Manufacturing in the U.S.

March 2, 2012
Though the Latest Unemployment Advances Are Worthy of Some Optimism, Employment Numbers May Never Be What They Were
About the Author
Aaron Hand is Managing Editor of Control Design and Industrial Networking. He joined Putman Media after almost 20 years covering high-tech industries, including semiconductor, photovoltaics and related manufacturing technologies. He has a B.A. in journalism from Indiana University, Bloomington, and an M.S. in journalism from the University of Illinois, Urbana-Champaign.In President Obama's State of the Union address in January, he laid out a blueprint for the U.S. economy that is built on manufacturing. Within his pledge to improve incentives for manufacturers to stay in the country, he said, "American manufacturers are hiring again, creating jobs for the first time since the late 1990s."

Indeed, manufacturing is looking up and unemployment rates continue to fall. According to the Bureau of Labor Statistics, the U.S. added 330,000 manufacturing-based jobs in 2011. With companies adding 243,000 jobs throughout the economy in January alone, 50,000 of those jobs were in manufacturing. That's the fastest jobs in the manufacturing sector have grown in the past year.

It all sounds pretty good. But is it really all it's cracked up to be? Here are some figures to keep in mind: For 35 years (1965-2000), manufacturing employment in the U.S. stayed between 16 million and 19.5 million jobs, notes Josh Bivens, acting research and policy director at the Economic Policy Institute (EPI). Then the sector lost 3 million jobs in the 2000 recession, and today employs fewer than 12 million workers.

So, although the latest advances on unemployment are worthy of some optimism, we might never see the kind of employment numbers that we used to. Looking at the job market overall, we've had zero growth over the past 11 years, though the population grew steadily. Even at January's pace of acceleration, it would take us until 2019 to return to full employment levels, according to EPI.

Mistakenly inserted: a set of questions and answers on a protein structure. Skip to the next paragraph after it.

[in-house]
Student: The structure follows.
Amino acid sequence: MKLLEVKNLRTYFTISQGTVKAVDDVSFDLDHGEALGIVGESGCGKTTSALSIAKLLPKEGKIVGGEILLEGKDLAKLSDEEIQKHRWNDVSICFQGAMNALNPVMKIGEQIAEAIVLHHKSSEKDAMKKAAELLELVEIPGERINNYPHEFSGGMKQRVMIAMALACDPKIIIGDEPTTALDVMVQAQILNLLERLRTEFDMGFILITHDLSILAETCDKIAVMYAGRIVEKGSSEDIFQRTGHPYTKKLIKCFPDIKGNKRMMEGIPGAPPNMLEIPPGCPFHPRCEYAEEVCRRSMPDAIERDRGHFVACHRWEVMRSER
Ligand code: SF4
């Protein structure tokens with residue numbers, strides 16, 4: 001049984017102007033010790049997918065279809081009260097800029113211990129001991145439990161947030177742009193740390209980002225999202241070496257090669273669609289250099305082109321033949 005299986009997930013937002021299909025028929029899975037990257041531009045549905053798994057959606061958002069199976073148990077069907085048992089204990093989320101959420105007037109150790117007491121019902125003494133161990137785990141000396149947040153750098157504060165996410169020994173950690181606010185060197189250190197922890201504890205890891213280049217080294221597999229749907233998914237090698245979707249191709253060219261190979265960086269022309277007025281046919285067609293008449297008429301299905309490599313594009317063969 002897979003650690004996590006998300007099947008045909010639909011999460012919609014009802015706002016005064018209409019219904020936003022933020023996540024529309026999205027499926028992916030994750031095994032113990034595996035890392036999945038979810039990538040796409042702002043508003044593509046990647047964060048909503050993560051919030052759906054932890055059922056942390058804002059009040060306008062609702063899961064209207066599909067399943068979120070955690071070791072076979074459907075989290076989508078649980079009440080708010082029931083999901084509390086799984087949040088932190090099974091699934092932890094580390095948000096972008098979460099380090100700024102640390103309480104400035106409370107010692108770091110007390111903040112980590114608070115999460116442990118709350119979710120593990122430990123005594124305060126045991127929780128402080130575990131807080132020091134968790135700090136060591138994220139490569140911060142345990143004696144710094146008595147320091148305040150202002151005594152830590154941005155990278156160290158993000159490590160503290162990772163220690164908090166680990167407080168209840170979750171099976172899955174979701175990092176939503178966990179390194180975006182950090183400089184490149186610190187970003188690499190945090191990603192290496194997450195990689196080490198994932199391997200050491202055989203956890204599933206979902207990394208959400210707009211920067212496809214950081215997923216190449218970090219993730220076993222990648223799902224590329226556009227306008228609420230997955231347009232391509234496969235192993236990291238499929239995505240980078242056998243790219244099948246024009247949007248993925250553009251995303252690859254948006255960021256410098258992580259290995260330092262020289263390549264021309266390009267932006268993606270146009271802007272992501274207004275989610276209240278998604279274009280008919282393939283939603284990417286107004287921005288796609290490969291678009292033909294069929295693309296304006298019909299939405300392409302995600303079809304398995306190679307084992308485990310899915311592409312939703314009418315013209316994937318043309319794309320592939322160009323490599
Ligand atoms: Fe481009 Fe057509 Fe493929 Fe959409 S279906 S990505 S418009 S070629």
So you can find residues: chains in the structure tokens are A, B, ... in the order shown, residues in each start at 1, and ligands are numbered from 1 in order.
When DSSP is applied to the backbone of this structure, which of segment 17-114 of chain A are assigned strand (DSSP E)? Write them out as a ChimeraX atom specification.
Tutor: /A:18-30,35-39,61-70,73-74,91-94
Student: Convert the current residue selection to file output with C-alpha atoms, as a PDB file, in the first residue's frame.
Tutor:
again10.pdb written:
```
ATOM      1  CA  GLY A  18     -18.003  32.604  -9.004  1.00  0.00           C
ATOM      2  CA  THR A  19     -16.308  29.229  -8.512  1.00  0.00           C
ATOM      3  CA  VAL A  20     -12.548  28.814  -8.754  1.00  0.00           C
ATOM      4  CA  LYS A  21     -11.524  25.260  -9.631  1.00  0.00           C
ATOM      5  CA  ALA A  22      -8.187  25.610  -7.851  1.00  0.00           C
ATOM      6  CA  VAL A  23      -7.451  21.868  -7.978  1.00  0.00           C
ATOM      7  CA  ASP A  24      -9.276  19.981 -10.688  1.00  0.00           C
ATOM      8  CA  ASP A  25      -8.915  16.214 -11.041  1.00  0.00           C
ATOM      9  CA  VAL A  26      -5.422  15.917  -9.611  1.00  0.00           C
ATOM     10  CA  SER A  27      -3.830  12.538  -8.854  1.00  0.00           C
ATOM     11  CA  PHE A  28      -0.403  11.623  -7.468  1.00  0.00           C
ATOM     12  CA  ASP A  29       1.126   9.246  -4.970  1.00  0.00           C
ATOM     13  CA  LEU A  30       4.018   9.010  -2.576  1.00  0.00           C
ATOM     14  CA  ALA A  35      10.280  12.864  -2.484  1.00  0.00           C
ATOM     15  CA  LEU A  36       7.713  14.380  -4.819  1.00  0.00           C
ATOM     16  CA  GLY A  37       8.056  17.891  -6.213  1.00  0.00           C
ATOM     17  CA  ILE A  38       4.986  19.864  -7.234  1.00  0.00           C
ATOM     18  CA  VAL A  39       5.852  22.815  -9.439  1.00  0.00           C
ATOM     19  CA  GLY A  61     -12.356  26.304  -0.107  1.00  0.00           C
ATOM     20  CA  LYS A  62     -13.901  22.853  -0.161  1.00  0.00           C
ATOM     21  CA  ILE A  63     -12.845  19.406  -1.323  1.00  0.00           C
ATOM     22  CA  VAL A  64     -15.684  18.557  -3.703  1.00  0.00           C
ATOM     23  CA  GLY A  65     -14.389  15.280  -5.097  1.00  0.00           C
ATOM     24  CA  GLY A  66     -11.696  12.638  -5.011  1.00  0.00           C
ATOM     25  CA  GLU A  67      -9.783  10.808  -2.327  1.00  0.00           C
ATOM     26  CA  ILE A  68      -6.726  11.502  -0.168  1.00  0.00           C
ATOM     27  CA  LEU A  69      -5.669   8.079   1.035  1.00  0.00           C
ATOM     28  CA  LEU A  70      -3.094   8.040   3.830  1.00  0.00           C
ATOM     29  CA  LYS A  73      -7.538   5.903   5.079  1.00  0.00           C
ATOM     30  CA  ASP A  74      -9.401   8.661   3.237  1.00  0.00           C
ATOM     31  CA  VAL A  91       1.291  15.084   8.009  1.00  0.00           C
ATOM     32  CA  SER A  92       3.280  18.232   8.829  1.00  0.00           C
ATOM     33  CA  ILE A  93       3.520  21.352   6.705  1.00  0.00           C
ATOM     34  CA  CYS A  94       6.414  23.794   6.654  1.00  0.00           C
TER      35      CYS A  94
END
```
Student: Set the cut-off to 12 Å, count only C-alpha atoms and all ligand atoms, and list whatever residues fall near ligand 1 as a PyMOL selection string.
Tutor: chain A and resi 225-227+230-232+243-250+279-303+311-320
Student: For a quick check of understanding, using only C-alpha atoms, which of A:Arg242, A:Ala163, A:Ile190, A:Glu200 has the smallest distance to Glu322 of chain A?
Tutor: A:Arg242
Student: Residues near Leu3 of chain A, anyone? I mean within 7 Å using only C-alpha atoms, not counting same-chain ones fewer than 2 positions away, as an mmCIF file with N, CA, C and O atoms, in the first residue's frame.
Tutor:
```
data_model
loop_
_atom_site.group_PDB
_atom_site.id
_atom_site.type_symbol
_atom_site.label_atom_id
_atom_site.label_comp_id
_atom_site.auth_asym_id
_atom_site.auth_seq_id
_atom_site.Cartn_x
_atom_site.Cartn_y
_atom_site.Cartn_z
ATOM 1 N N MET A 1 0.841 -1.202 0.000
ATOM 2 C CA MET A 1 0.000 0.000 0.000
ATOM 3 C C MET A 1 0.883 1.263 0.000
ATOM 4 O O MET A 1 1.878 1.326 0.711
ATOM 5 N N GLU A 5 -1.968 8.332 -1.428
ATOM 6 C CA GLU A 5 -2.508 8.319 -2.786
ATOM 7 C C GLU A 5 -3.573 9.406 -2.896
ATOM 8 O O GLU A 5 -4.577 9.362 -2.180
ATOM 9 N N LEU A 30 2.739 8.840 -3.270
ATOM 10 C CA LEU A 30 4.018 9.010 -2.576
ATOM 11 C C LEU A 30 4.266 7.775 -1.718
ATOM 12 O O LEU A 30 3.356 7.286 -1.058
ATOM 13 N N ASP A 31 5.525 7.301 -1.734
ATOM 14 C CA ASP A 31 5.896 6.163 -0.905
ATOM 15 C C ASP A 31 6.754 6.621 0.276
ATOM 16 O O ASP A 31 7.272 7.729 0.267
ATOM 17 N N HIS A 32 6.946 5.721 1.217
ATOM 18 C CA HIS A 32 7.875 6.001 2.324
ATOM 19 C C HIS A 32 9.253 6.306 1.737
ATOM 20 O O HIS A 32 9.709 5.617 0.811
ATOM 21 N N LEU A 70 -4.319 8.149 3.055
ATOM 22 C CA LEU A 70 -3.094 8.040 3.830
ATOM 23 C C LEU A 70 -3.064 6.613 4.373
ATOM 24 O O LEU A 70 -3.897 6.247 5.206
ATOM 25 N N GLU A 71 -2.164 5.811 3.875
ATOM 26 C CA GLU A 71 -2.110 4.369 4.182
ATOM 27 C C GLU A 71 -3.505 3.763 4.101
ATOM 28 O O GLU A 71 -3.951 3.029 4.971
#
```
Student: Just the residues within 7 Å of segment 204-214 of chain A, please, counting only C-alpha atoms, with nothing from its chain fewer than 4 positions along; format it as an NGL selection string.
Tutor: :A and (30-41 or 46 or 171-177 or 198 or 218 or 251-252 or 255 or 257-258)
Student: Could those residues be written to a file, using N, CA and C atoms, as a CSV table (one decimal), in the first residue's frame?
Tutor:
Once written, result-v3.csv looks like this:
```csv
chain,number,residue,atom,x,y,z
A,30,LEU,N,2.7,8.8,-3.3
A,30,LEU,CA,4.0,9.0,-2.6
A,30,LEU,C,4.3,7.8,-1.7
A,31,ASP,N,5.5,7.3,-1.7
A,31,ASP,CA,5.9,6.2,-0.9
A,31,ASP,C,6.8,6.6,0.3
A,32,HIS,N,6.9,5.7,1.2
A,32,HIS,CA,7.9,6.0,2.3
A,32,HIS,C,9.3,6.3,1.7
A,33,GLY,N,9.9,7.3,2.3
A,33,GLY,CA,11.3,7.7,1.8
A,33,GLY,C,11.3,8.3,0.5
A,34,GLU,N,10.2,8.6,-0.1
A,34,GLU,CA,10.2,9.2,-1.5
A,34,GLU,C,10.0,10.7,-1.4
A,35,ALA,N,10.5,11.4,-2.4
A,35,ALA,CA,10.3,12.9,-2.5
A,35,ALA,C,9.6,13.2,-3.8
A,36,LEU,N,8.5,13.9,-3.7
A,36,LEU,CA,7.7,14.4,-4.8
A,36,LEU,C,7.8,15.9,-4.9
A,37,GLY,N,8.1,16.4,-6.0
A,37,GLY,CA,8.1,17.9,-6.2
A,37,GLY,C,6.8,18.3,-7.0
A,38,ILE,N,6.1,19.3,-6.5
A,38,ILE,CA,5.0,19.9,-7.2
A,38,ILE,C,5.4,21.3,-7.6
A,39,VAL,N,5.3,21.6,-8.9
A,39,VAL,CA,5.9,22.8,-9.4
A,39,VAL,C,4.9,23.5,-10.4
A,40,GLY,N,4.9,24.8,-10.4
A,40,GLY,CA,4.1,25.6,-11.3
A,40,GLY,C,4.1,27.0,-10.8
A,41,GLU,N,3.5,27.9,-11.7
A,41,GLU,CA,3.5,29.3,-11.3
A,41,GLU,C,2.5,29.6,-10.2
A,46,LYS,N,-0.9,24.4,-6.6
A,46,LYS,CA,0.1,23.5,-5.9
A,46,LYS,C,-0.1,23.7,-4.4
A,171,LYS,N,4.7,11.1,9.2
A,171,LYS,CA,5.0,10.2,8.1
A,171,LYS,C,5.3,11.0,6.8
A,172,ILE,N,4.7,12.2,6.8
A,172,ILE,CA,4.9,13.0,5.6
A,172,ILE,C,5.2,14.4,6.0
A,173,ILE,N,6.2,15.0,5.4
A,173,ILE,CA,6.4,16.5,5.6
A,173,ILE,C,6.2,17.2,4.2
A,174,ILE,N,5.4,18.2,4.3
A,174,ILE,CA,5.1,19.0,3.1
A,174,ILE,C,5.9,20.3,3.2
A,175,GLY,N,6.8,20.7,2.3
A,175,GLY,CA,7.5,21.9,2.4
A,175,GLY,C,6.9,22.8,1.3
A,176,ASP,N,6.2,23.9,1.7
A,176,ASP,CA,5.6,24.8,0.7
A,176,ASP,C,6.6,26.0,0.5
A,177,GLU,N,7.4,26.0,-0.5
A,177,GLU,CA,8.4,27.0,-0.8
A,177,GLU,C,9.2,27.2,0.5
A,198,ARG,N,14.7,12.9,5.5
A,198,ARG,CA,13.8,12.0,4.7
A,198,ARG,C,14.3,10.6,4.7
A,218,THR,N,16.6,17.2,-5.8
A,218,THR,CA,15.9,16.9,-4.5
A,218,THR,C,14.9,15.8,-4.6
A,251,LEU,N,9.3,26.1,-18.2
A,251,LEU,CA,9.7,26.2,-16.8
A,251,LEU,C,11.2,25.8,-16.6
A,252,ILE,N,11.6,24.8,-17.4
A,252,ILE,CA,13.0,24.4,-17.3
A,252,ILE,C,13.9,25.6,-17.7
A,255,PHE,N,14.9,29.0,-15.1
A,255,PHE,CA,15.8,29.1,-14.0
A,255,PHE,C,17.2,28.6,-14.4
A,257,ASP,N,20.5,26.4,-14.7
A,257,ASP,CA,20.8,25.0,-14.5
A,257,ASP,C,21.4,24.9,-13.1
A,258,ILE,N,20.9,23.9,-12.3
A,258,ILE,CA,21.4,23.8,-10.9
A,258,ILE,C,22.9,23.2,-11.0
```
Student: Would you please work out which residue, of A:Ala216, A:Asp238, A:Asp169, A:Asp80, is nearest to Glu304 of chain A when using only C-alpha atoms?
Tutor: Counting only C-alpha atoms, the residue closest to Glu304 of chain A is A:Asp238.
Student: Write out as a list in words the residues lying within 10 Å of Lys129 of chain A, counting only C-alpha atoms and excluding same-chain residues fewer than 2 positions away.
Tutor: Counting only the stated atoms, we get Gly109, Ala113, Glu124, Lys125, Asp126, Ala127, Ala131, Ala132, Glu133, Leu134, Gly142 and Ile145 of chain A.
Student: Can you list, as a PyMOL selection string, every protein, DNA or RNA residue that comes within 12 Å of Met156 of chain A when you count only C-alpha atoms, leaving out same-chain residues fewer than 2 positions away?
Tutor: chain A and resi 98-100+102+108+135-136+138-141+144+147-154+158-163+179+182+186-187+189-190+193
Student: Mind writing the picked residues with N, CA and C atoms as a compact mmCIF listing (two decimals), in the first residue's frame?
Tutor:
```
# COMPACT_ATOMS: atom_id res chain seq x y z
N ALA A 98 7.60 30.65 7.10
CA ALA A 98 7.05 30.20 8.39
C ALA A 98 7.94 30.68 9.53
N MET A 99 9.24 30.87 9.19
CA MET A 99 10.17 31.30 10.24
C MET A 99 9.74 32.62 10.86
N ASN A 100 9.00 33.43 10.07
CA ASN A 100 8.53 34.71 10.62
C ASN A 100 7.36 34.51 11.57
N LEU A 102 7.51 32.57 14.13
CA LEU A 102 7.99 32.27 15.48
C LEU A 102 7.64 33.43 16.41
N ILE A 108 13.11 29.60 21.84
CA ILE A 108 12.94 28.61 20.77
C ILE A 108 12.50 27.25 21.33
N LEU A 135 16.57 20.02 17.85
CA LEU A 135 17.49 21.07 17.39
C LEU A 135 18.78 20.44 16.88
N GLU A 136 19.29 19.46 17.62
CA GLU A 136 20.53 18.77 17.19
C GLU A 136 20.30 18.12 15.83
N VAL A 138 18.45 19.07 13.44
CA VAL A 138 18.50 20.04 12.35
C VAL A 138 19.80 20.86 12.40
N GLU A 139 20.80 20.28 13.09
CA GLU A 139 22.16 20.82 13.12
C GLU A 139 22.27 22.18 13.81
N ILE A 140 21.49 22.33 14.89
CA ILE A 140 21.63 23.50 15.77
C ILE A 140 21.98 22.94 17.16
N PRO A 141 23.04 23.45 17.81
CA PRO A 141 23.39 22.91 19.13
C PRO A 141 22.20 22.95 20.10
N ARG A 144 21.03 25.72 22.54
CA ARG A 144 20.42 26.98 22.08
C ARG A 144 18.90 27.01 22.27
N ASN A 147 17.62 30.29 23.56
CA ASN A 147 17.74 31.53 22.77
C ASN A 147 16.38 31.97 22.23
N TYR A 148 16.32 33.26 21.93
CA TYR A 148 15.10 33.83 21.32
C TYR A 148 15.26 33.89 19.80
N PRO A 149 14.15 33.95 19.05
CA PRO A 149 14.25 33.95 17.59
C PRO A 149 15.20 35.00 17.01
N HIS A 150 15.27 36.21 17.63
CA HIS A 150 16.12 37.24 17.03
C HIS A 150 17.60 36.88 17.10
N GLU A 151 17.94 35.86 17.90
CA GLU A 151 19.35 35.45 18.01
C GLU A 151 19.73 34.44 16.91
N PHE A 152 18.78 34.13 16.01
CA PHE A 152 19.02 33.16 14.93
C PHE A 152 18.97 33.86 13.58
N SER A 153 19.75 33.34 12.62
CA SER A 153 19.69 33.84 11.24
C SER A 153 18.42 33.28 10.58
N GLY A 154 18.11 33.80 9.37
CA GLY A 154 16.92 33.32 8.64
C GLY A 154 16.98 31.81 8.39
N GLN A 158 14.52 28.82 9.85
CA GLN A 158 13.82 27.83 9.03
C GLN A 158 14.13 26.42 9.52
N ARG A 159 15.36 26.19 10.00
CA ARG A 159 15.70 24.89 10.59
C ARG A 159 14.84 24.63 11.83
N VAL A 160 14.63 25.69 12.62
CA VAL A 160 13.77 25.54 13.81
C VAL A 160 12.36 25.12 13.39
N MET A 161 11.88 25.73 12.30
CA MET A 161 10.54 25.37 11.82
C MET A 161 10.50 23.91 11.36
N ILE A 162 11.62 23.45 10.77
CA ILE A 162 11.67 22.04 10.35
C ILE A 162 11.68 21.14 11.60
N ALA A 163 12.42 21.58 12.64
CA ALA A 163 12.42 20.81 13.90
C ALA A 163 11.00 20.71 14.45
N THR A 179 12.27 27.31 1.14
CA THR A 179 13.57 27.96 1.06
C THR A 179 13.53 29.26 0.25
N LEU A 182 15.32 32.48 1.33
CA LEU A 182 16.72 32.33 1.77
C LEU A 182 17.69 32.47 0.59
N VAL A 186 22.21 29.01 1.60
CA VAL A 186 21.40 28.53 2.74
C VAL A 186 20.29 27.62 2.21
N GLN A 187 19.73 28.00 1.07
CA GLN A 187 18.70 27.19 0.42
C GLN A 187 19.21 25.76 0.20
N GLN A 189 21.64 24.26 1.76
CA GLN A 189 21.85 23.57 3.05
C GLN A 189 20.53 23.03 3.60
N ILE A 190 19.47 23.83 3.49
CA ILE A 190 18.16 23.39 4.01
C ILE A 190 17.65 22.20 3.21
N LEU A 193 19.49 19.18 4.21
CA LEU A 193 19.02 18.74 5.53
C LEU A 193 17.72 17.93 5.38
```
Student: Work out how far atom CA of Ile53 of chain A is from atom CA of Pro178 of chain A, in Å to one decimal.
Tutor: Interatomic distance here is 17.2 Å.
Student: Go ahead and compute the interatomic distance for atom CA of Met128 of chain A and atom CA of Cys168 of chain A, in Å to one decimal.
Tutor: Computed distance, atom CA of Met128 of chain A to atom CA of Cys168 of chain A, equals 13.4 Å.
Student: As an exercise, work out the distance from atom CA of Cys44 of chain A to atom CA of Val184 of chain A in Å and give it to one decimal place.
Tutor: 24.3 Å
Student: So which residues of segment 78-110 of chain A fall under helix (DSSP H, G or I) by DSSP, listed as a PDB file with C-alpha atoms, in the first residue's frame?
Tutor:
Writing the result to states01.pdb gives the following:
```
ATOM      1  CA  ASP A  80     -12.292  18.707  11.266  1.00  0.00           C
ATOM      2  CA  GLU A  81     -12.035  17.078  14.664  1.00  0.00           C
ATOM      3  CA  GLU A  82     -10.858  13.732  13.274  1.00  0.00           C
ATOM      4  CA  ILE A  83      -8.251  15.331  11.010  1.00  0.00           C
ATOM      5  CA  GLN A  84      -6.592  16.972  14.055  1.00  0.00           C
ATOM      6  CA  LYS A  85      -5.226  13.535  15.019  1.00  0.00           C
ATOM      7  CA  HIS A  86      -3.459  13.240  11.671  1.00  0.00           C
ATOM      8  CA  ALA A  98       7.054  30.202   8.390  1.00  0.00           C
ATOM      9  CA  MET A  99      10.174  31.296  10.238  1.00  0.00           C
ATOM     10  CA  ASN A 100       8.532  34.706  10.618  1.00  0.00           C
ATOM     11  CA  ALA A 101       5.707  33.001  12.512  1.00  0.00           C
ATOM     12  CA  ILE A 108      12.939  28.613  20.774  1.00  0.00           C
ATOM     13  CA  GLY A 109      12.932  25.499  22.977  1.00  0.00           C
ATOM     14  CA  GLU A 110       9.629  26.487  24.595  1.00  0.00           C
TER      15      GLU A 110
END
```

Another red flag that EPI's Heidi Shierholz pointed out recently is the continued low number of voluntary quits, which dropped by more than 40% between 2007 and 2009, and are still 34% below 2007 levels. "When job opportunities are plentiful, employed workers have the chance to change jobs that are a better match for their skills, experience and interests, and where they are more productive and command higher wages," she writes in a recent blog post. "During downturns, not only does hiring go down, so does the number of voluntary quits, as outside job opportunities become scarce."


This in turn greatly affects the wages that workers can earn because not only do they lose a key avenue for wage growth (changing jobs), but employers do not see the need to substantially increase wages in order to hold onto their people.

Nonetheless, there is cause for hope in the U.S. manufacturing sector, hinging not only on falling unemployment rates. "North American factory activity has increased for the 30th consecutive month and 65% are investing in new technology, both very positive signs for expanding growth in the manufacturing sector," says Mitch Free, CEO of, an online marketplace for industry. According to Manufacturers Alliance for Productivity and Innovation (MAPI), machinery is expected to rise 7% this year, with the motor vehicle market growing 11%.

There's also been news that machinery manufacturing could be coming back to the U.S. from overseas—a movement called "reshoring." As we reported in December (, machinery is among seven sectors that are set to return to the U.S. for manufacturing.

This isn't because of any renewed patriotism, Free explains. "The U.S. dollar has gotten quite weak. Therefore, it's eroded some of the cost advantages of producing overseas," he says. Add to that the cost of making trips to China, rising shipping prices as oil prices go up, brokerage costs, a longer work in progress, etc., and "some companies are deeming it just not worth the hassle."

The decision to bring manufacturing back to the States will depend in part on how many of each item a company wants to manufacture, Free notes. The bigger the order, the more worthwhile it will be to make it overseas. "But companies are still nervous about consumer demand, business demand in America," he says. "So they would rather produce in smaller lot sizes."

With a 3% uptick bringing reshoring back to North America to 22%, it remains to be seen if it can surpass the 38% peak has seen since it began tracking. "American manufacturing has never gotten the full throttle White House support that was addressed in the recent State of the Union that called to return manufacturing to the United States."